Great Grey Owl
During the first three days we counted approaching 200 Ruff, the males looking splendid in breeding plumage.  Raptors seen were Marsh Harrier, Hen Harrier, Common Buzzard, Rough Legged Buzzard, Kestrel and Hobby as well as the eagles.  Our first Cranes were seen too.

Our hotel at Oulu was nicely situated in terms of casual birding as we easily walk down to the bay on the Gulf of Bothnia.  Sam and I enjoyed a couple of evenings down there as we took time out from group birding.  During this time we heard the calls of Spotted Crake and had a distant sighting of Marsh Sandpiper, I believe the latter being heard by Killian the following morning.  We heard Bittern booming here on our final morning as well as having sight of a pair of stunning Slavonian Grebe in the morning sunlight.  Killian pointed out Broad Billed Sandpiper, but they were so distant they didn’t go on my list as yet, Common Tern, Arctic Tern and Little Tern were seen as were Little Gulls.  Waders were numerous including displaying Black Tailed Godwits.  Caspian Tern was later seen at Liminka Bay a great wetland site.

Whooper Swan
Our last evening at this hotel had us watching a magnificent sunset after 11:00pm.  As Sam said, ‘there’s no problem going to sleep in daylight as you just close your eyes and it turns dark’.  After our second night we left early, I know it was early as every morning was, some so early it was barely worth going to bed!

Whooper Swan on nest.
A species we had hoped to see, but to be honest our expectations had not been high, was the rare European breeding Terek Sandpiper.  I remember going for that at Holywell, Northumberland which turned out to have been a Greenshank!  Well we met with success on this occasion in the port area of Oulu where it was seen along with Little Ringed Plover.  It was in an area of wasteland near a road and Sam and I still maintain that we saw two Terek Sandpipers despite the doubt cast upon that.  So a great tick made, if not in the most exotic of surroundings.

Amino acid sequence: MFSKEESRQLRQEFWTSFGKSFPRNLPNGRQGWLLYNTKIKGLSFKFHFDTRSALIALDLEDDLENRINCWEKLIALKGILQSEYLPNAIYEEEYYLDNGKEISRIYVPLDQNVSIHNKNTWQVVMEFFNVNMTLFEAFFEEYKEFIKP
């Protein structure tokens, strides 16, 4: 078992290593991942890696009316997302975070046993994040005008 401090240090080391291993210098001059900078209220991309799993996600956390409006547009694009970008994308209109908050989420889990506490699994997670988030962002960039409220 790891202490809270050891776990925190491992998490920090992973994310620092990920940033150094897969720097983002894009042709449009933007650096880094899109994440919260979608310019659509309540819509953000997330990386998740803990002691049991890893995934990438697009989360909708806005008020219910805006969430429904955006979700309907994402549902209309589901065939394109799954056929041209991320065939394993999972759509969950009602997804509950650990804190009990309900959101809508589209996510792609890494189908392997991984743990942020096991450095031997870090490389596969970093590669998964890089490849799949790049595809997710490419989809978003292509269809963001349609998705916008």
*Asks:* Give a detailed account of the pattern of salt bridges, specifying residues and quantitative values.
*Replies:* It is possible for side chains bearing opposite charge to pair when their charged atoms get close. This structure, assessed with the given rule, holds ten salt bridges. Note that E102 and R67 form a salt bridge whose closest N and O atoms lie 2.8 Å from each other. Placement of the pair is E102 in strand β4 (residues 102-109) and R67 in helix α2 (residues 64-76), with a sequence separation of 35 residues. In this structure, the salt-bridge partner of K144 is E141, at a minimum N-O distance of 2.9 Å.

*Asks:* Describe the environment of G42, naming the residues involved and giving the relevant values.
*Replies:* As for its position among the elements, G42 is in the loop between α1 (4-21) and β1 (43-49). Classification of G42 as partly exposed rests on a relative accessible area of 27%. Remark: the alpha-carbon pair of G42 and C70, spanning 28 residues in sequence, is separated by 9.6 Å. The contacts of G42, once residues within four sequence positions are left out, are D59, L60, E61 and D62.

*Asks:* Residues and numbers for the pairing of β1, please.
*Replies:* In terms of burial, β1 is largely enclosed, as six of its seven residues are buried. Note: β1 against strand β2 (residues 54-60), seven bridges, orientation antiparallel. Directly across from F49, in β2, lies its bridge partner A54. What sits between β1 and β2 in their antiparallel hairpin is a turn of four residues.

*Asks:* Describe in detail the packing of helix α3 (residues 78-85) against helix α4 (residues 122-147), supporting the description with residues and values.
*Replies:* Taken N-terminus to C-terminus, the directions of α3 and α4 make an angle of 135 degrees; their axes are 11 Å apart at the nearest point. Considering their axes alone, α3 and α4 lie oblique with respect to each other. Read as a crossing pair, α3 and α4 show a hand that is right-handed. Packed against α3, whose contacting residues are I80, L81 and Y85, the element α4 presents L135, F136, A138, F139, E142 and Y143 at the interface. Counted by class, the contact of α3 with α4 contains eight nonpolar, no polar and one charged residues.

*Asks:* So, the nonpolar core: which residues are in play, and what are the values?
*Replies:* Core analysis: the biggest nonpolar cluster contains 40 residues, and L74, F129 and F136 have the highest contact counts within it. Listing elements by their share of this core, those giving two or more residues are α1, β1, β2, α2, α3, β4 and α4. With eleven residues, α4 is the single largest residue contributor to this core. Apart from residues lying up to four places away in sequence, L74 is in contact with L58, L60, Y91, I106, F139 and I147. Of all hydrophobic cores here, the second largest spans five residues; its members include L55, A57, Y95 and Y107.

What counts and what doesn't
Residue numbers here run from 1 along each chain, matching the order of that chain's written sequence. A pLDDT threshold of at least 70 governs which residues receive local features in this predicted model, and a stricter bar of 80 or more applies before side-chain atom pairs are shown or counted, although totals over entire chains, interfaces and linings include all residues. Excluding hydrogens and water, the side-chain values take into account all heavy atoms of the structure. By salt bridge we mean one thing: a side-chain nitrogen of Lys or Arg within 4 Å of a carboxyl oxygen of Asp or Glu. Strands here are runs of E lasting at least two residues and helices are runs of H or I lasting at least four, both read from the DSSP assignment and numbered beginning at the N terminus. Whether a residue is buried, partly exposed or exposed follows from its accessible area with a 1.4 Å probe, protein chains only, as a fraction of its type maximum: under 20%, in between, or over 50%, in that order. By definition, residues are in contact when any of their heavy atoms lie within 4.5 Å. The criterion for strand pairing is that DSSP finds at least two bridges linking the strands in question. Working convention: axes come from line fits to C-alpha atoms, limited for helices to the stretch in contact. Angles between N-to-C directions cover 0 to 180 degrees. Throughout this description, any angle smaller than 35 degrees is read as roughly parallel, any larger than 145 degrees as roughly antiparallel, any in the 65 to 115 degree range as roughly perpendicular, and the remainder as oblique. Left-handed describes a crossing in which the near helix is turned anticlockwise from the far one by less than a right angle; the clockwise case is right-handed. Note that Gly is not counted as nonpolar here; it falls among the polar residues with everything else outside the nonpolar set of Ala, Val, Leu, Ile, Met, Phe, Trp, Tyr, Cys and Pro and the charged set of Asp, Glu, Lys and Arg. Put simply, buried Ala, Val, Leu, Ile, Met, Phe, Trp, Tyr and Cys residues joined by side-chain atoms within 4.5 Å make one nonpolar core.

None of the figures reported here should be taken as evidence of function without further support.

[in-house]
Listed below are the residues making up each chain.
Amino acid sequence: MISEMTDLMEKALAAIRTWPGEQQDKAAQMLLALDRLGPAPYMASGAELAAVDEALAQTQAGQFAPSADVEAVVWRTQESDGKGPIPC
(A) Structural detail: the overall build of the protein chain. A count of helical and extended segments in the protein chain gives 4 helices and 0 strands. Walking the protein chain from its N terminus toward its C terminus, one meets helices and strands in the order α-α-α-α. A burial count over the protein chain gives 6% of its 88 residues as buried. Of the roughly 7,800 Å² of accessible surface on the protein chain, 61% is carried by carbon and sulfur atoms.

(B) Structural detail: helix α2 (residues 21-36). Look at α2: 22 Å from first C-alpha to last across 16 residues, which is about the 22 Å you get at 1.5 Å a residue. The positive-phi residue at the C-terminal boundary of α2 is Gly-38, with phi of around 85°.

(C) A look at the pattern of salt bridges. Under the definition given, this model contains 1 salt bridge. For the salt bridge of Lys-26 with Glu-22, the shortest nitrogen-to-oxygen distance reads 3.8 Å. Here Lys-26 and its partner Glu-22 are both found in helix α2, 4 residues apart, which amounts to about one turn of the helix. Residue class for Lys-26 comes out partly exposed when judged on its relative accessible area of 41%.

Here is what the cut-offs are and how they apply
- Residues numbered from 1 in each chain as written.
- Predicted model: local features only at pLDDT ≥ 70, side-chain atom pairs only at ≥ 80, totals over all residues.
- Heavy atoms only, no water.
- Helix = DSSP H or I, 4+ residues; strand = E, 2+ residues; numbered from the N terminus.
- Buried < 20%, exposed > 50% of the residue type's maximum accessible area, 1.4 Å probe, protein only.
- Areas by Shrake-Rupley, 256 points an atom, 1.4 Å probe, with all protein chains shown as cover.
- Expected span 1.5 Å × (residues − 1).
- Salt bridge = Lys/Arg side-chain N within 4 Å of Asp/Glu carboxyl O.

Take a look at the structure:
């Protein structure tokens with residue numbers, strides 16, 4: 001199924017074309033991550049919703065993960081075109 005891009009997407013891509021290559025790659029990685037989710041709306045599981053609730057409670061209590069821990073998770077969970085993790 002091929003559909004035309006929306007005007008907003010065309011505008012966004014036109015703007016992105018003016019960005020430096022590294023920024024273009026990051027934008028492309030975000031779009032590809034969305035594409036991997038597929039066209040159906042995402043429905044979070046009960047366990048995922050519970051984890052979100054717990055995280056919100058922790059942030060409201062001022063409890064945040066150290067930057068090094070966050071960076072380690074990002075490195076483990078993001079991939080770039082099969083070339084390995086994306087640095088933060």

We now began our long drive to Kuusamo.  Much more to come.

Before the risin' sun, we fly
So many roads to choose
We'll start out walkin' and learn to run
(And yes, we've just begun)
Carpenters Lyrics

Thursday, 28 July 2016

Coquet Island and Roseate Terns

Yes I’m still here!  I disconnected the computer when I went on a birding trip to Finland and Norway and it has taken two months to get it back on again.  I will eventually get around to producing a long report of what was a very exciting trip in May/June, but until then here’s a shorter account of a local trip to Coquet Island.  I speak cautiously as the electrician visits soon and will have the electric off, so I fear my computer will be down again for at least a period of time.  New equipment required I fear.  Oh well, I may as well spend some money before the bank begins to charge me interest for looking after it!

Roseate Tern

 24th July.

‘The new species was discerned by the comparative shortness of the wing, whiteness of plumage, and by the elegance and comparative slowness of motion; sweeping along, or resting in the air almost immoveable, like some species of hawk; and from its size being considerably less than that of Sterna hirundo (Common Tern).